Proofreading a Thesis – Acceptable or Not?
The short answer is yes. Usually, it is perfectly OK to get your thesis proofread. However, you need to check what your university or department policy is.
In general, most universities are happy for you to get a professional to proofread your work. As with everything, there are always a few exceptions. It is up to you to find out what the rules and regulations are. Some universities have a list of approved proofreaders who agree to work by the university regs. Other have forms that you need to complete to make it clear who has proofread your work. Some just ask you to credit the proofreader you work with in the thesis.
What can a proofreader do?
Proofreading a thesis is a little different to proofreading other manuscripts. The thesis is the product of your original research. A proofreader cannot do anything that changes the meaning of your work. They can check spelling, grammar, capitalisations, formatting and abbreviations. However, they can’t correct any mistakes in calculations or change the overall structure.
What should I do if I want my thesis proofread?
First, check your university rules and regulations. If they allow proofreading, the next step is to see what they allow and what is prohibited. If you can, send the details to the proofreader you approach so they have access to the rules too. Every university is different, so it is up to you to be aware of the procedures.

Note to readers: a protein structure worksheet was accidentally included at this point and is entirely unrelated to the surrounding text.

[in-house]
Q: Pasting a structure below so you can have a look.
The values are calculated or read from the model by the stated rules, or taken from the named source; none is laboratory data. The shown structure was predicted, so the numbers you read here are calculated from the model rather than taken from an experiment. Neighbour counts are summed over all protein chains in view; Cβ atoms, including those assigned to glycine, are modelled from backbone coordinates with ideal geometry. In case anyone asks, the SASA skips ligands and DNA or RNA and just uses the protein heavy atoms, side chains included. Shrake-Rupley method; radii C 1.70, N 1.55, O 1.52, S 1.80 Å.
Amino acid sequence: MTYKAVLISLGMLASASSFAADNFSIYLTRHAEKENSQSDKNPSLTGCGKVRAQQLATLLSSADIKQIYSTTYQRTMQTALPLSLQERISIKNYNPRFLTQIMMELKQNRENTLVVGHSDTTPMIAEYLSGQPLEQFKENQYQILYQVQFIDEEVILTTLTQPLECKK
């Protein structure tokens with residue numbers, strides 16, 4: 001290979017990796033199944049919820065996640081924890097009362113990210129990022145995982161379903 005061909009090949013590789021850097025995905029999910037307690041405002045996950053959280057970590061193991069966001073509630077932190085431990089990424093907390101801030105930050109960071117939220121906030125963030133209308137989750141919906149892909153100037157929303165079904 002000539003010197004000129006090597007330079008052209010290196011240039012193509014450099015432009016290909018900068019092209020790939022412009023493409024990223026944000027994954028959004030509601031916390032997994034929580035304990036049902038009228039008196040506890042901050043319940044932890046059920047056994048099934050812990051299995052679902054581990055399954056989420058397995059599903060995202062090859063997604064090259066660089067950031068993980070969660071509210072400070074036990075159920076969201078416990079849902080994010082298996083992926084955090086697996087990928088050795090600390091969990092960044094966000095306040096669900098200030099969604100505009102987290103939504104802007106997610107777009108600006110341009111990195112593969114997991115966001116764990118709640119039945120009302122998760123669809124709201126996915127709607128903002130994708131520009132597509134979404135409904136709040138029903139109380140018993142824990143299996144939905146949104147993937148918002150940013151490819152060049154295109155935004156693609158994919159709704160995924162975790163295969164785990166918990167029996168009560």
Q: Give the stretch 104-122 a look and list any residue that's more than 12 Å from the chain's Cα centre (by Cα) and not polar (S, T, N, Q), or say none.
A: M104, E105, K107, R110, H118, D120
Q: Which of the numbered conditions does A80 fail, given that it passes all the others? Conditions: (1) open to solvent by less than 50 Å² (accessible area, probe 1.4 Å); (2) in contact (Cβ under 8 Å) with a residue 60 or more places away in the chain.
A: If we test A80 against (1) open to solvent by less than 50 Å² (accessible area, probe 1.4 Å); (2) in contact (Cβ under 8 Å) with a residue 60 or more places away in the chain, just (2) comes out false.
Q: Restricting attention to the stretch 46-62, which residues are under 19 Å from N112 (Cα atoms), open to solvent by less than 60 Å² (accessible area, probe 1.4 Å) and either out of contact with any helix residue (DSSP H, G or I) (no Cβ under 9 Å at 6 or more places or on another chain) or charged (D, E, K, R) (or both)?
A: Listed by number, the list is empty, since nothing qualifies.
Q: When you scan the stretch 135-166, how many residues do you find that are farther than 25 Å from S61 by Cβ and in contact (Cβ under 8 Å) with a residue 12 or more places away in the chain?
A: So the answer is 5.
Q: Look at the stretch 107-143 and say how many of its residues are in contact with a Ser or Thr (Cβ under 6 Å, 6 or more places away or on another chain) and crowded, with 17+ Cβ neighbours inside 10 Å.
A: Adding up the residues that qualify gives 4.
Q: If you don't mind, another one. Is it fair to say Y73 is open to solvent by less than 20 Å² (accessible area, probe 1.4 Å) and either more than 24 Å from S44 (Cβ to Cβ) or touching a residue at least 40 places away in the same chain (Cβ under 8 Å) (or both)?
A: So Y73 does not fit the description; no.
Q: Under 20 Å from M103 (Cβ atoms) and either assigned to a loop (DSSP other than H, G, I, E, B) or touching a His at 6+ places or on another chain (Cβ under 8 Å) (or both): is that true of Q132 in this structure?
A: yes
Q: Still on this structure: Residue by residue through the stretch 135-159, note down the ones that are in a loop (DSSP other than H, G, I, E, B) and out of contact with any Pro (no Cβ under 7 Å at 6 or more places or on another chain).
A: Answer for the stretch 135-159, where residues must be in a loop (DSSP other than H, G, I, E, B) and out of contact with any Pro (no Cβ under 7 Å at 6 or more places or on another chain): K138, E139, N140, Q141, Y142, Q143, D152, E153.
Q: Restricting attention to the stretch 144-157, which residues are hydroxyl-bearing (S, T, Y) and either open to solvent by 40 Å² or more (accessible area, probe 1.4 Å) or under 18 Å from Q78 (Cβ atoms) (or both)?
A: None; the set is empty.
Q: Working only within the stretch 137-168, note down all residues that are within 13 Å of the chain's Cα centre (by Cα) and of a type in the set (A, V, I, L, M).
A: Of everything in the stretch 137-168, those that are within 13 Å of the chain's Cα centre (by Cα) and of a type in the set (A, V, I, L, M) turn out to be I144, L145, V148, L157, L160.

Once you know you can get your dissertation proofread, it’s time to get in touch with a proofreader. Remember that it takes time to proofread. It may have taken you three years to write this manuscript. It would be a disservice to your work to think it could be proofread in 24 hours.
I would suggest you get in touch early on to see if there is availability to take on your thesis. Don’t worry if it isn’t quite finished yet, you can still get a quote and get booked in. The other thing to remember is to allow some time to check through the final document. When you get the manuscript back, there may be queries that you need to resolve. A proofreader can’t check the references for you, but they might highlight a section where your reference manager hasn’t formatted the reference correctly. You need to make sure you have time to work through all these corrections.
In conclusion, getting your thesis professionally proofread is usually a good idea. However, you need to check what your university or college regulations are.
If you want to know any more, feel free to get in contact with me.